THE SHOP

March '19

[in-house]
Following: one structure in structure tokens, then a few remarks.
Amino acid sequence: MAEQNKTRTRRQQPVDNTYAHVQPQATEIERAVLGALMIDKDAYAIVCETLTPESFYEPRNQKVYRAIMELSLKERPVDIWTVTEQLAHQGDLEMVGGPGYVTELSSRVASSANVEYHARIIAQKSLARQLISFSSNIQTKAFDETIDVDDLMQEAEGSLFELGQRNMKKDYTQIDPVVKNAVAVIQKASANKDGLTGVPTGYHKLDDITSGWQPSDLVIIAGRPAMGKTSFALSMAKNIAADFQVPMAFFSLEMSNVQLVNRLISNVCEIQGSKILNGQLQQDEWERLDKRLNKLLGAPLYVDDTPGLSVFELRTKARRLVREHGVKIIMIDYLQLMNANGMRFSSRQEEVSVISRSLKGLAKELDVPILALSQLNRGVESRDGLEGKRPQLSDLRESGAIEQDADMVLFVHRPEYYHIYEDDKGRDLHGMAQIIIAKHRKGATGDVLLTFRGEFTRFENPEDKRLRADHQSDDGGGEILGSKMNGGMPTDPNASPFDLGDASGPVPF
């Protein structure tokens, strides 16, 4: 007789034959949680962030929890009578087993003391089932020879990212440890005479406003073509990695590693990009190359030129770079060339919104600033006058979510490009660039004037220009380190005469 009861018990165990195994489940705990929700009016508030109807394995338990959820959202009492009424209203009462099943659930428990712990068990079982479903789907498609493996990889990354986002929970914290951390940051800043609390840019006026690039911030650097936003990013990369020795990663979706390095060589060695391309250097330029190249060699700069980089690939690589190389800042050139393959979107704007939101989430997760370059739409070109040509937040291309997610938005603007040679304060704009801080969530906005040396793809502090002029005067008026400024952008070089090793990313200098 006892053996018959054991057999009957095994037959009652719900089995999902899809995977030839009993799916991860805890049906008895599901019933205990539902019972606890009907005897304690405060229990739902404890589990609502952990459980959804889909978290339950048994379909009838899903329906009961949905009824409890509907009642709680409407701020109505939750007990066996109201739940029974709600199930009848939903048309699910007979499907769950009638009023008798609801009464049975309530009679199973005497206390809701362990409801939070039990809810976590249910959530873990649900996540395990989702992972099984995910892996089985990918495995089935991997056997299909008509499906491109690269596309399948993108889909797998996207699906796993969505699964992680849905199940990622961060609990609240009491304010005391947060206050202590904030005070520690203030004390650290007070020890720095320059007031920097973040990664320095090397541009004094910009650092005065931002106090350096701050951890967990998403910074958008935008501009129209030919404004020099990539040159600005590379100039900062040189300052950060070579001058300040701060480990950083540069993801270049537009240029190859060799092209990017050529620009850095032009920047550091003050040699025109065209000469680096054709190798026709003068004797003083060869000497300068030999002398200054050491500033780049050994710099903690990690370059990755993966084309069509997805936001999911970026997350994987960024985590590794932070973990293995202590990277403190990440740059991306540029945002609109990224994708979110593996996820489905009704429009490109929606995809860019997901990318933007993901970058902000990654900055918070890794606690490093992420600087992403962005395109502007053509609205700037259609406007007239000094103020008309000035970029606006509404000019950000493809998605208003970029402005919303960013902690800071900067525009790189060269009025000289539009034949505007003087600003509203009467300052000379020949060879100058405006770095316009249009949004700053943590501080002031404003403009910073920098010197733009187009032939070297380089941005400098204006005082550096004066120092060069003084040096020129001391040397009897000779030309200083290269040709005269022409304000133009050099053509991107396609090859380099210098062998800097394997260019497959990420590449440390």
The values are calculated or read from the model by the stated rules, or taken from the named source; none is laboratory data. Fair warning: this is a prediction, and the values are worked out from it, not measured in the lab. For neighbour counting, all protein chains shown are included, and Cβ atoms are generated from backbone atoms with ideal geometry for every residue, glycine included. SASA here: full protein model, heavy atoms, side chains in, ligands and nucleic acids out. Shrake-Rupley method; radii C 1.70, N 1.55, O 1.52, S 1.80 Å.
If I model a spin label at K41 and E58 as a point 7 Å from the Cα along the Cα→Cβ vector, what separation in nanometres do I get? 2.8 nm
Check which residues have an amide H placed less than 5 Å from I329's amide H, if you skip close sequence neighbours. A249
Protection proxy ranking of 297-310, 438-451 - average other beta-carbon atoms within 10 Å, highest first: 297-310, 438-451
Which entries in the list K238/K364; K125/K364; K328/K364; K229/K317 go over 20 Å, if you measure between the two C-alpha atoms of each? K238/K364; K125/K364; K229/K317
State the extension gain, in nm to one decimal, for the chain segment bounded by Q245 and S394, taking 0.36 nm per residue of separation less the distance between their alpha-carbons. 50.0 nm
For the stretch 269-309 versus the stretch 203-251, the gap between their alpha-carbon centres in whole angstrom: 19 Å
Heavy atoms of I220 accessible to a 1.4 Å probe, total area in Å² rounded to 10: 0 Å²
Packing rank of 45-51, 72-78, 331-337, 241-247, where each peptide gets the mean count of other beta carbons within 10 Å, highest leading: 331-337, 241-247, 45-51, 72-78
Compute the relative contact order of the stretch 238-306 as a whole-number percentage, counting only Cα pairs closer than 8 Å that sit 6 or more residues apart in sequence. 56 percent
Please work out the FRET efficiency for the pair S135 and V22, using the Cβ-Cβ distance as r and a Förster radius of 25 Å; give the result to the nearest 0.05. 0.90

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24 THE SHOP MARCH 2019 installation, and painting the Wings West product was a snap. All the components looked as if they were OE. The same goes for Air Design USA—we still work with them today, because of the quality." Looking back, the extreme kits of the time were definitely designed to make a big impression. "Many components really didn't have any function, except distinguishing the vehicle from a stock model," he says. "Some of the components actually made the vehicle perform worse (three-tier rear wings, big- mouth front bumpers, etc.). It seemed that functionality of the vehicle took a backseat to the overall look." Some good did come out of the extreme trend, he believes—widebodies. "The concept of wide fenders or bolt-on flares is supposed to allow the vehicle to clear wider wheels, thus providing more traction," he explains. "This impressive modification was initially seen on the DTM tracks in the early 1970s, and quickly ven- tured to the U.S. in 1974 at the Detroit Auto Show. Both Mercedes and BMW had their own versions of widebody DTM racers, while the U.S. had the Chevrolet Corvette Greenwood Widebody." Molina is a fan of today's total widebody projects—except for those that forego wider tires and enhanced horsepower. "It's as if the vehicles skipped leg day," he says. "Some choose to offset the look with spacers instead of obtaining proper multipiece wheels, while others totally disregard the horsepower needed for the added weight. Either route is a mistake, and ignores the intended purpose of the concept." Finally, no discussion of body styling components would be complete without mentioning carbon fiber. Popularized in the early The Fast and the Furious movies around 2000, its origins in racing dated back two decades earlier. "In 1980, the McLaren Racing Team introduced the first carbon fiber-bodied race car in the Formula 1 racing circuit; it was then that carbon fiber began to be used in the automotive industry," Molina notes. "Many parts for racing vehicles were manufactured using carbon fiber, because it is considerably stronger and lighter when compared to SMC or fiberglass. In addition, it maintained the same structural integrity of steel, with 1/10th the weight." Initially, carbon fiber was extremely dif- ficult to acquire by the general population. Slowly, some tuners managed to swap their OEM hoods for a carbon fiber version, and a select few had a CF rear trunk as well. These days, however, enthusiasts can now acquire everything from carbon fiber wheel barrels to interior pieces. "As with all components, CF products also range in quality and price," Molina notes. "If done properly, the carbon fiber will not only save some pounds on a modi- fied vehicle, (but) it can also be used to enhance the aesthetics of the vehicle." Which has been the aim of body kits all along. Start- ing around the year 2000, shows like Hot Import Nights and others gave sport compact enthusi- asts a place to gather and talk shop. (Photos courtesy Projekt Cars) No discussion of body styling components would be complete without mentioning carbon fiber. Popularized in the early The Fast and the Furious movies around 2000, its origins in rac- ing dated back two decades earlier. BODY OF WORK

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